Finding banking services is often high on a new students to-do list. Colleges sometimes enter into agreements that permit banks to offer debit cards and other banking services to students on campus. Some even issue school IDs that function as bank-branded debit cards and may distribute federal financial aid rebates through such debit cards.

You are not required to use the bank that partners with your school. Often these partnerships do not offer the best terms and lowest rates. Shop around to find the bank that offers you the best deal for the services you want.

Here are some issues to consider:

  • ATM fees. You will generally have to pay a fee to withdraw money from an ATM that is not operated by your debit card issuer. Find out how many fee-free ATM machines are on or near campus, and whether they are available 24 hours a day.
  • hidden fees. Be aware of hidden fees associated with debit card use. For example, some debit cards charge a fee of $.50 per transaction whenever a consumer makes a purchase using the PIN-debit function (when a PIN is used rather than a signature). Some of these fees may not be clearly disclosed.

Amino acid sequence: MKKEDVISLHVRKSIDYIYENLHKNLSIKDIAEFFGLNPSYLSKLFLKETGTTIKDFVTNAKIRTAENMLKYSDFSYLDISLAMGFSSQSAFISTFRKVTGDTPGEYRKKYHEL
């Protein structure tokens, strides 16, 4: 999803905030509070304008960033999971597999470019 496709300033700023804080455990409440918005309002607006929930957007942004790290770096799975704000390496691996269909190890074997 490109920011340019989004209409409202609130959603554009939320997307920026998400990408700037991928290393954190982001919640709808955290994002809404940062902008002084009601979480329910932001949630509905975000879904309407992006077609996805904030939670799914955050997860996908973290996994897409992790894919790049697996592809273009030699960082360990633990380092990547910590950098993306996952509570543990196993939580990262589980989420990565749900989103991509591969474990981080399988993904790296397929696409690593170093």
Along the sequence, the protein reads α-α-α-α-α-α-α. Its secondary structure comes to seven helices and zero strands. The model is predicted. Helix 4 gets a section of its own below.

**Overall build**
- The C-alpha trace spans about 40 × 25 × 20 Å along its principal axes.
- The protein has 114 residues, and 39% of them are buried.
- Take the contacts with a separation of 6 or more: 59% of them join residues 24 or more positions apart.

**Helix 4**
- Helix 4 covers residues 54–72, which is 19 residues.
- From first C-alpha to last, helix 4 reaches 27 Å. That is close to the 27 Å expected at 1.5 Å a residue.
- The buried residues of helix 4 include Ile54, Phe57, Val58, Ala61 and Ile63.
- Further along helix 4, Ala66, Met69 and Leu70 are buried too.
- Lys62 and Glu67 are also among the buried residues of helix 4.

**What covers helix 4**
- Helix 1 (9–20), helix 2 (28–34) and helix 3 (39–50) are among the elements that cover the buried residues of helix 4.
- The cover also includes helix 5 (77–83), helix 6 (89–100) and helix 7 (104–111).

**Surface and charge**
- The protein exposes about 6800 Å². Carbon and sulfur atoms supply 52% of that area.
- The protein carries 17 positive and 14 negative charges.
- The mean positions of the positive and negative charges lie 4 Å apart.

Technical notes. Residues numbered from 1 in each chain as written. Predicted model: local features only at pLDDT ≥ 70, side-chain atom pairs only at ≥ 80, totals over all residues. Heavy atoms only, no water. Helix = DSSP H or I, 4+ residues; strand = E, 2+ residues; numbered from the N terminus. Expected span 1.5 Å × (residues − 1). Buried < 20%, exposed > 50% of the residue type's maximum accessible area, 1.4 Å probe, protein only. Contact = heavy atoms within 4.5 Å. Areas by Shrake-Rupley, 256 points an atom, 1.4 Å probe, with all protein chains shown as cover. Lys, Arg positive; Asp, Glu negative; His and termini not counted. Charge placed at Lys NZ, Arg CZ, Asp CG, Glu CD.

• overdraft “protection.” Banks must ask your permission before enrolling you in an overdraft plan. Don’t opt in. The fees for overdrafts are very high and a $3 cup of coffee could wind up costing nearly $40. Your card will be declined at the point of sale or at an ATM if there are insufficient funds, but you will avoid paying high fees. You may be charged overdraft fees repeatedly if you do not return your balance to positive immediately.

Office of the New York State Attorney General, Consumer Frauds Bureau

U.S. Consumer Financial Protection Bureau

For tools to compare college costs and other financial information
For tips on managing credit cards:

Annual Credit Reports
To check your standing with the major credit rating agencies.

New York State Department of Financial Services
For information on credit and links to credit card ratings.